In other words, the executive branch is only willing to go so far so fast in adjusting the nation's policy toward marijuana. On the federal level, it is clear, lasting reform will have to come from Congress. That's why Perlmutter has introduced a Marijuana Businesses Access to Banking Act, as capitalist a piece of legislation as you'll find anywhere. And it's why there is bipartisan support for Respect State Marijuana Laws Act of 2013, which would get around pot's draconian classification in the Controlled Substances Act by exempting from its federal definition those who are acting in compliance with state laws.

The White House, and the Justice Department, clearly want Congress to lead, not just with marijuana reform but with the related (and broader) goal of sentencing reform. The big news from Attorney General Eric Holder last month was not his willingness to allow lawmakers in Denver and Olympia to take a clear shot at pot regulation but rather his decision earlier in the month to re-prioritize federal prosecutorial discretion over drug cases in general. Holder knows, and Congress knows that Holder knows, that any attempt to meaningfully reduce the number of non-violent federal prisoners also must include changing the text of statutes that define and classify marijuana.

With that in mind, I spoke last week via telephone with Senator Patrick Leahy, the Vermont Democrat who is chairman of the Senate Judiciary Committee. Leahy, a former prosecutor, has consistently supported a more rational approach to the nation's costly and failed war on drugs. For example, along with Senator Rand Paul, a Kentucky Republican, Leahy this spring sponsored the Justice Safety Valve Act, which would formally return to judges more discretion to give sentences below the "mandatory minimums" that now apply. It's a measure that would memorialize in the text of federal law the new sentencing policy the Obama Administration announced last month.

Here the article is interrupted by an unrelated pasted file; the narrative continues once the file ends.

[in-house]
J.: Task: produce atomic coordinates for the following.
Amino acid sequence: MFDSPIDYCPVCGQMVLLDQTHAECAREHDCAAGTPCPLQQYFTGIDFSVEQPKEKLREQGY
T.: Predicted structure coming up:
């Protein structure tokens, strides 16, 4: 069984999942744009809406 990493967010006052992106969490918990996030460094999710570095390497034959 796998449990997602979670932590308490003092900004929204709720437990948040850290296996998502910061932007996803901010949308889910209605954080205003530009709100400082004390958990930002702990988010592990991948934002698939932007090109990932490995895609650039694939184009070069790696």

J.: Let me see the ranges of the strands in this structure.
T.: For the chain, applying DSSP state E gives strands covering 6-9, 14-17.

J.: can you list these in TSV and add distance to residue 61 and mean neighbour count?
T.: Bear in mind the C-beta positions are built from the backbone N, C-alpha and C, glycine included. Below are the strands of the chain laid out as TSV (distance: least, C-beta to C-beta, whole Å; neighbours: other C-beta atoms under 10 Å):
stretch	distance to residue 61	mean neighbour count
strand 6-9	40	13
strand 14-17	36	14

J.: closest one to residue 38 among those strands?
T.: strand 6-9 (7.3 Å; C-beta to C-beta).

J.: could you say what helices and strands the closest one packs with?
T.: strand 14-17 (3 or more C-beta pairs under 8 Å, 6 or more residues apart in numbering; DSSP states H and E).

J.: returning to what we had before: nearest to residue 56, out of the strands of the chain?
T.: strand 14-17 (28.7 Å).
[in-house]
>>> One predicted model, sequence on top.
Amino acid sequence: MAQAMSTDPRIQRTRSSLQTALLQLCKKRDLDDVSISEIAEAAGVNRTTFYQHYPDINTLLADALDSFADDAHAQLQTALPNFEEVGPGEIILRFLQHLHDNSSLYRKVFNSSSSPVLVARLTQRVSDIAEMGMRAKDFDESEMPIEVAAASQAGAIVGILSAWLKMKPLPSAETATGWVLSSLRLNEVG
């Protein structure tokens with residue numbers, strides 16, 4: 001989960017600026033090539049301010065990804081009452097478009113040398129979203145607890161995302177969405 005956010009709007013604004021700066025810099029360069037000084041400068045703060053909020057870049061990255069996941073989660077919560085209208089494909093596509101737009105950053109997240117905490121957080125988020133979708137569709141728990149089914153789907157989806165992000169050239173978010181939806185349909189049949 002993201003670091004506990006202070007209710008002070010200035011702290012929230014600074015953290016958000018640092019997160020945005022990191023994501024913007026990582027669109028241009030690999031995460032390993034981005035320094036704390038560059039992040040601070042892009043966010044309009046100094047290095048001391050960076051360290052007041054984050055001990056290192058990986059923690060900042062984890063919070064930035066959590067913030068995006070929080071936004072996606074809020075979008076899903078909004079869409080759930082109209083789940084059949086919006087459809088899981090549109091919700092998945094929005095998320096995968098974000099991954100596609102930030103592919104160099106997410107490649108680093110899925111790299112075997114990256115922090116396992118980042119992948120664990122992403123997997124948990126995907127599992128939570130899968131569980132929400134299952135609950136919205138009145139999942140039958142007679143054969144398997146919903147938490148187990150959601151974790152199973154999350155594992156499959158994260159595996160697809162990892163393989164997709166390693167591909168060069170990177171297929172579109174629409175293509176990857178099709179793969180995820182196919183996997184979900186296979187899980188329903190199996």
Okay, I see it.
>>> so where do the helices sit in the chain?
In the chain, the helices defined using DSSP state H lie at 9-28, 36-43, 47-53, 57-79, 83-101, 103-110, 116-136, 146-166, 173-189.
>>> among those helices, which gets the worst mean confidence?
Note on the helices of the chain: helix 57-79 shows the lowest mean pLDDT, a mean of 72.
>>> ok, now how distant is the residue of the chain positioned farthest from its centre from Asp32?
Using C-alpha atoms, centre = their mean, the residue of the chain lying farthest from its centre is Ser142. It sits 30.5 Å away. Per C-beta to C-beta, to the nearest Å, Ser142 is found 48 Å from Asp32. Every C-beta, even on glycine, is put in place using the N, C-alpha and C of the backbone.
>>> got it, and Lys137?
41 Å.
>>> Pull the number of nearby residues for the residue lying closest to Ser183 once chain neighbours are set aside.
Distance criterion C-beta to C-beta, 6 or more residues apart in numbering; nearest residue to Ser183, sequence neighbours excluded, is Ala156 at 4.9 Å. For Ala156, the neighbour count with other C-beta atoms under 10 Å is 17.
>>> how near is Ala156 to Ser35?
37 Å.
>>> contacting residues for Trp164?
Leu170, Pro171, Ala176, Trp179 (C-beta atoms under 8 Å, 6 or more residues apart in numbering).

Indeed, even before the Justice Department announcement last week about marijuana, Sen. Leahy had scheduled a Judiciary Committee hearing, titled "Conflicts between State and Federal Marijuana Laws," for Tuesday, September 10. It will be a timely and important hearing designed both to press the administration for answers and to prod lawmakers to action. Here is the interview, minimally edited for space, which took place before the administration announced its policy of watch-and-see over state legalization efforts.

There are now 20 states that have legalized medical marijuana in one form or another, and measures are pending in four other states. More than half of the nation's population lives in jurisdictions where medical marijuana is legal. Why are Congress and the White House so far behind the curve on this? Why isn't the federal government at least taking a neutral position?

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Andrew Cohen is a contributing editor at The Atlantic. He is a legal analyst for 60 Minutes and CBS Radio News, a fellow at the Brennan Center for Justice, and Commentary Editor at The Marshall Project